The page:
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I have an 8.5×11 PDF which has some stuff on it and an image I want to crop turn it into a 4×6 format. I used GIMP to crop the image, made a new template, pasted it (it just sits in the center, but I want it to fill the entire 4×6 background), rotated it counterclockwise 90 degrees. I don’t know what to do from there.

I try to resize it to 400×600 pixels but it rotates the image back to the way it was before and it’s obviously too big. I’m thinking the image isn’t sized right and neither is the template.

  • Welcome to Graphic Design SE. Can you please edit your question clarify whether the part you want to crop already has the desired aspect ratio or whether it needs to be transformed. It would also help if you can some screenshots to illustrate where you are stuck. – Wrzlprmft Jun 24 at 18:10
  • Hi there! I’ll try to get a picture when I’m at my computer, but yes, the part that I want to crop needs to be rotated and transformed (at least I think so; 99% sure). Basically, I’ve got a label printer and it prints in 4”x6”. It works flawlessly. But every once in a while, a website will give me a label that’s formatted in 8.5”x11” with other text around the label (“cut here”, insert slip, etc). So id like to crop out the actual label and flip it and print it in my 4”x6” label printer. Thank you! – chart Jun 25 at 10:09
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Partial answer, too long for a comment:

Rule #1: Gimp works with pixels, because the real data in your image is in the pixels. Everything else can be set/reset easily. However, modifications to pixels are final. With this in mind:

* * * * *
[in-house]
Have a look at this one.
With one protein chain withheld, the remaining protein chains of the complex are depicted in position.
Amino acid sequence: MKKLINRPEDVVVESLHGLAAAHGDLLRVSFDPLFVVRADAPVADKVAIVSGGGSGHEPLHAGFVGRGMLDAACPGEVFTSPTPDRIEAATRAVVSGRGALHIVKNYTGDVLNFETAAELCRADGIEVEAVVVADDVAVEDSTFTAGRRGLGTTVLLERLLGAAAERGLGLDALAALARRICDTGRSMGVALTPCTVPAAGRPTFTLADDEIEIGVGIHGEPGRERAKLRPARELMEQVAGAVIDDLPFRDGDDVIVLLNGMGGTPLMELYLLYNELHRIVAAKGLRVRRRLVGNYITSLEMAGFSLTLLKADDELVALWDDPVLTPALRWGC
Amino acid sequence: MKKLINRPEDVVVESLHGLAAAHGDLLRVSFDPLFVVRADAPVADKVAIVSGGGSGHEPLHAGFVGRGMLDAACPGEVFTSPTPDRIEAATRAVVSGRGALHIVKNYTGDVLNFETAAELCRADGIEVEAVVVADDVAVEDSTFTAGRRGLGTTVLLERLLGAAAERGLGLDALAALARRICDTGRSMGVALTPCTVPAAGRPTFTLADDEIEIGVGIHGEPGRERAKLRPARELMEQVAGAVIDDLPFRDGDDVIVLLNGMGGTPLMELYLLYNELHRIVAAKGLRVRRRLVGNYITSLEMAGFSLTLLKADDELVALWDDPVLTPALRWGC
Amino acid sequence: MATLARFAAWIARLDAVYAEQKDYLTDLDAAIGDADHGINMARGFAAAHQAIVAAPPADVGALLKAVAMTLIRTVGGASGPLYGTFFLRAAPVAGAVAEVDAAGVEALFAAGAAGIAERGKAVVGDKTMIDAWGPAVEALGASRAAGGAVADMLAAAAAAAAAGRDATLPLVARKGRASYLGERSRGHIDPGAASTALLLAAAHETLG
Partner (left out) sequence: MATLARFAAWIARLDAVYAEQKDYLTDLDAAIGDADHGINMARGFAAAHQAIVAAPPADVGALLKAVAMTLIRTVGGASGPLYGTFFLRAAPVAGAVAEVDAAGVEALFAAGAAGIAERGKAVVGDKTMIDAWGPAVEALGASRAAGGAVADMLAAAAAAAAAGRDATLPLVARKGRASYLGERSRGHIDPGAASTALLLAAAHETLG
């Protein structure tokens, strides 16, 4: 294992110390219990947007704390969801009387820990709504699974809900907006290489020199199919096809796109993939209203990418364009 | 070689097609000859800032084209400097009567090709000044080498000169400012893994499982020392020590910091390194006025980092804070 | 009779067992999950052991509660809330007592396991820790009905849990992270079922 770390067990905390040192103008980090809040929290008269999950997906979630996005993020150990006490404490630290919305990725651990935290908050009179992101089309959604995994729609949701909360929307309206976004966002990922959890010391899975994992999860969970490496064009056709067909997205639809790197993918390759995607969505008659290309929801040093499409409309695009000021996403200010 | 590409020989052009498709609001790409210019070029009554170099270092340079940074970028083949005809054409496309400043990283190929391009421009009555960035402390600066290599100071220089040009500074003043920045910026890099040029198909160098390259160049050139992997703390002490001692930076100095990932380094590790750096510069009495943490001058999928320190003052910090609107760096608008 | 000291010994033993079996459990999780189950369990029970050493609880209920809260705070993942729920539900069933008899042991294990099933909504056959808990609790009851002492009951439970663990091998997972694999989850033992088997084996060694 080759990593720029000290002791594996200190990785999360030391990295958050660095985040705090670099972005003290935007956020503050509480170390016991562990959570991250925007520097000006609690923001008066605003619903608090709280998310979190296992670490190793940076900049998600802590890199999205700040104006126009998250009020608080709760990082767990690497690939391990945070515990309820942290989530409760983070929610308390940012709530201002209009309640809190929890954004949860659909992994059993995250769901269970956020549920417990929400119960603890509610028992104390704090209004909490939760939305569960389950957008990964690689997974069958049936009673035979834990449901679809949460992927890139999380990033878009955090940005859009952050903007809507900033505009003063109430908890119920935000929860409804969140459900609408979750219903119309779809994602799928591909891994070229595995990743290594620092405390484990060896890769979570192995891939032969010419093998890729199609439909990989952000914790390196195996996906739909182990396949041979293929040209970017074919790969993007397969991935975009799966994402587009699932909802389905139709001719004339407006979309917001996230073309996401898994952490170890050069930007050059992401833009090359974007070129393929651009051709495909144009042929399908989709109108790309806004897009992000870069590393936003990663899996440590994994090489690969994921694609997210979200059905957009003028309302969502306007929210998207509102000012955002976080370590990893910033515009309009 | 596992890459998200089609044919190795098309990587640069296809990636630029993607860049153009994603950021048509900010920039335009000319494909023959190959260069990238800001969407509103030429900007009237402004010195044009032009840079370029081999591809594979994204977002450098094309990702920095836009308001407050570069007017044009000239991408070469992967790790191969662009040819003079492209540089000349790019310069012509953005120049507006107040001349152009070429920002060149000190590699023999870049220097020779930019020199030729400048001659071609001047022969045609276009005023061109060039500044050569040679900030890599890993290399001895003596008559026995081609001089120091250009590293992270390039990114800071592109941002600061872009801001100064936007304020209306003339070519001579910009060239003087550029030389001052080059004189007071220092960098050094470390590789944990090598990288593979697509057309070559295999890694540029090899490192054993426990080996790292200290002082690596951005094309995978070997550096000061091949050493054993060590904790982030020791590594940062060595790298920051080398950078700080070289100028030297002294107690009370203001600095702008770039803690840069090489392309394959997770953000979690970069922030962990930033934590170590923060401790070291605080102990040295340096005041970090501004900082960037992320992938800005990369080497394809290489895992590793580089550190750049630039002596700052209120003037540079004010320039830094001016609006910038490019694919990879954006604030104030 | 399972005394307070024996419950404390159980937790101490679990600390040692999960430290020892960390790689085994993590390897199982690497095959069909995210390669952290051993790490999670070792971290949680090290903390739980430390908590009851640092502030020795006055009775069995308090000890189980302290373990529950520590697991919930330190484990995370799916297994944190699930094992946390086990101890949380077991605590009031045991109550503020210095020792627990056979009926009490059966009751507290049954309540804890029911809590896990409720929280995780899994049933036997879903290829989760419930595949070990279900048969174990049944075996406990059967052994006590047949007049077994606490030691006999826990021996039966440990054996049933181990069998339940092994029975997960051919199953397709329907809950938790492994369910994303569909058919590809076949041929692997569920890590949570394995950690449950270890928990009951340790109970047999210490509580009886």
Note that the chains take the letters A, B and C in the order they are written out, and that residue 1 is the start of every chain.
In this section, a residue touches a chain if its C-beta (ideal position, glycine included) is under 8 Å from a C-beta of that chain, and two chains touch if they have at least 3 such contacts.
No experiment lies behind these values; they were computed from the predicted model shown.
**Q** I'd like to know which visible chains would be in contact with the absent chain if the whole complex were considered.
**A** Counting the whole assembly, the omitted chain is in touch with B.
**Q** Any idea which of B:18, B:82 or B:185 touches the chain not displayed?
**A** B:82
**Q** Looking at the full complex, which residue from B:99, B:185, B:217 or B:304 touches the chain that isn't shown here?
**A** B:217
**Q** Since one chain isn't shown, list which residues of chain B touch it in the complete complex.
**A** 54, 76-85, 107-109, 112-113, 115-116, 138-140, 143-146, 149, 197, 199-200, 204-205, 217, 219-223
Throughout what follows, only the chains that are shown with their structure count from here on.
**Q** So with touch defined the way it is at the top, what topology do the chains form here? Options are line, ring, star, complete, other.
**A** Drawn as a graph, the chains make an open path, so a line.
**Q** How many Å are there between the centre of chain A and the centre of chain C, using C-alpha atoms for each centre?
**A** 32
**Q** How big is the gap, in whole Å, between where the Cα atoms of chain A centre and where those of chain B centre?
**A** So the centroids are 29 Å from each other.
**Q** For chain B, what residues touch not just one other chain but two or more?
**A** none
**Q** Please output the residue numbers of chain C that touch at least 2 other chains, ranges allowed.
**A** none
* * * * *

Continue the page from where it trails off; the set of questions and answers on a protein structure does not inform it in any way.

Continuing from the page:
When you load a PDF the default print definition is 100 PPI. This is usually too low for printing; you can set the print definition to 300 PPI when opening the PDF, and aim for a 1200×1800 px image to be printed in 4"×6" format.

The image as displayed by Gimp on your screen is not the size of the printed image. By default, Gimp maps one pixel in the image to one pixel on the screen (aka "dot for dot" view). So the image is displayed with the definition of your screen and not with the "print definition" set in the image. This can be toggled with View → Dot for dot.

When you copy to a new image, Gimp copies pixels. But the print definition is the one of the target image. You can reset the print definition of an image using Image → Print size, keeping in mind that this doesn't change the size in pixels, only how big it is printed (and displayed if not using dot for dot).

There are are several way to rotate an image (or parts of it). The Rotate tool requires to “commit” the rotation when you are happy with what the preview shows (otherwise it resets the rotation when you switch to something else). But in your case you likely want one of the Image → Transform → Rotate 90° CW|CCW actions.

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